As the economy continues to tank, Malawi Mangoes (MM), the first large-scale commercial fruit farming and processing enterprise based in Salima, has fired 192 employees because of what it calls tough operating environment.
The country’s economy has been sailing in troubled waters characterised by high interest and inflation rates and a volatile exchange rate, which has seen the kwacha depreciating even when tobacco dollars are trickling in.
MM executive chairperson Paul Rosenberg, responding to an e-mailed questionnaire on Sunday, said the company, which grows and processes bananas, pineapples and mangoes, has taken a new strategic direction; hence, making tough decisions, including laying off people.
He said: “So far, five directors, three managers and 184 permanent staff members have had to be laid off for the company to survive and there is a chance that once we turn the corner, a majority of them will have a chance of being reengaged.
“Establishing an international class business in the middle of Africa is challenging and takes time. We should have reached exports of $2 million [about K1.4 billion] a year by now, but we have not even reached a quarter of that in any year.”
Rosenberg said they had to make tough choices to correct things that went wrong or were not working for the company.
“A lot of investment has gone into creating this business from scratch and it cannot just be written off. The future of Malawi Mangoes is, therefore, not in question and broadly supported by shareholders and investors.”
But Rosenberg said what is key is for the company to embrace necessary changes to the management team, farming technologies and product portfolios to get back on track and be an example of what Malawi’s agribusiness can achieve.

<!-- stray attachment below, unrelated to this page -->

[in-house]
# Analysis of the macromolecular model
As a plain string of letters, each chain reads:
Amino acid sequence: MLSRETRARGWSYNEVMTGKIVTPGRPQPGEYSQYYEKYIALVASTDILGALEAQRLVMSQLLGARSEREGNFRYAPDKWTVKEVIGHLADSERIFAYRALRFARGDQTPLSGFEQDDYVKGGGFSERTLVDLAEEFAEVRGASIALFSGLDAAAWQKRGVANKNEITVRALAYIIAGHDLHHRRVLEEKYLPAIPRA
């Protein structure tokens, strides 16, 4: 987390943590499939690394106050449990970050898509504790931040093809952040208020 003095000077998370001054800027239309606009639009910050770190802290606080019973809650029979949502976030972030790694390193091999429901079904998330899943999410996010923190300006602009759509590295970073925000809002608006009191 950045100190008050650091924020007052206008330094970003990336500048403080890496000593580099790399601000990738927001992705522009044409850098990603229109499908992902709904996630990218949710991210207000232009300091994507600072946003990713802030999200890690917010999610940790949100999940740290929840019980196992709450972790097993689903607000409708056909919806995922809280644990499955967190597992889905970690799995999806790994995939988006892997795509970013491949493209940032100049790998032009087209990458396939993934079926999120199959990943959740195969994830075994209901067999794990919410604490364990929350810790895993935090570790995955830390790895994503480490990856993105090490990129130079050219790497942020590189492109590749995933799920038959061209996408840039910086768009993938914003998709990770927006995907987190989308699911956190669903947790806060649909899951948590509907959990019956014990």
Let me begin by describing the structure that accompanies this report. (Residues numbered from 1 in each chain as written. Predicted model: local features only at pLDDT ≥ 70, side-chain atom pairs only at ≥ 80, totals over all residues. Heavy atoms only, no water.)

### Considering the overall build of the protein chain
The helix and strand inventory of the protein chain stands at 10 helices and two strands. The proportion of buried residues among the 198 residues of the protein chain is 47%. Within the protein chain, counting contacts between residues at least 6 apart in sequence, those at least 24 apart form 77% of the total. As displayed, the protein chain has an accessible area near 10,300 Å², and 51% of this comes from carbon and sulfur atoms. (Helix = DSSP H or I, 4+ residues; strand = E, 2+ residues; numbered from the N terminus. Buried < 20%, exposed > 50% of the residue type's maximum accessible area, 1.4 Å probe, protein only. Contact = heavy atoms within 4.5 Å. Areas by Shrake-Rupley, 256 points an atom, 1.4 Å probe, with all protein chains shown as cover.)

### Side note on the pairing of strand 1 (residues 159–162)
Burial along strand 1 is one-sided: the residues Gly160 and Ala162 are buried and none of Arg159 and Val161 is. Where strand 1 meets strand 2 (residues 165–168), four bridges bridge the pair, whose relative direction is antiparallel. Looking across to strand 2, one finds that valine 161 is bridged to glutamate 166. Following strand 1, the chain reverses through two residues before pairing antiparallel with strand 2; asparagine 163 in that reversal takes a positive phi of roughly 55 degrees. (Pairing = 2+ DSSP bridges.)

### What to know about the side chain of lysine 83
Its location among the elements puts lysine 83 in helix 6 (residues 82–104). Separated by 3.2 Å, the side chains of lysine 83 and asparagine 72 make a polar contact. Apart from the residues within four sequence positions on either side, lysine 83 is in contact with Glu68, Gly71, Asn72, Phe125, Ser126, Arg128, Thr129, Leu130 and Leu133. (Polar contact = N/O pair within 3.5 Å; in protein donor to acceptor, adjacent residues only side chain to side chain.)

The firm is currently evaluating its agriculture production activities and product mix and believes 100 percent banana and mango puree production is unsustainable.
MM is not the only company to have laid off employees. The banking sector that includes commercial banks such as Opportunity Bank of Malawi (OBM), Indebank, which was bought by Malawi Stock Exchange (MSE)-listed National Bank of Malawi and Malawi Savings Bank (MSB), which was acquired by FDH Financial Holdings Limited, have also fired some employees.
Wafwile Musukwa, deputy labour commissioner in the Ministry of Labour, Youth and Manpower Development yesterday admitted having seen an application letter from MM to fire people due to economic challenges which are hindering their operations.
“We understand that is a business decision they have made. As government, there is nothing we can do apart from offering advice if there are alternative jobs within the company,” he said.
Musukwa said government will, however, ensure that the fired employees receive their retrenchment packages.
Established in 2009, MM is a value based agro-processing business working with local communities in Salima to grow and process fruit using modern food processing machines.
The land MM is currently managing is under a land tenure arrangement with the Malawi Government, through the Green Belt Initiative and the local community.
The firm exports its puree to reputable companies such as Coca-Cola, Pepsi and Ceres, among others.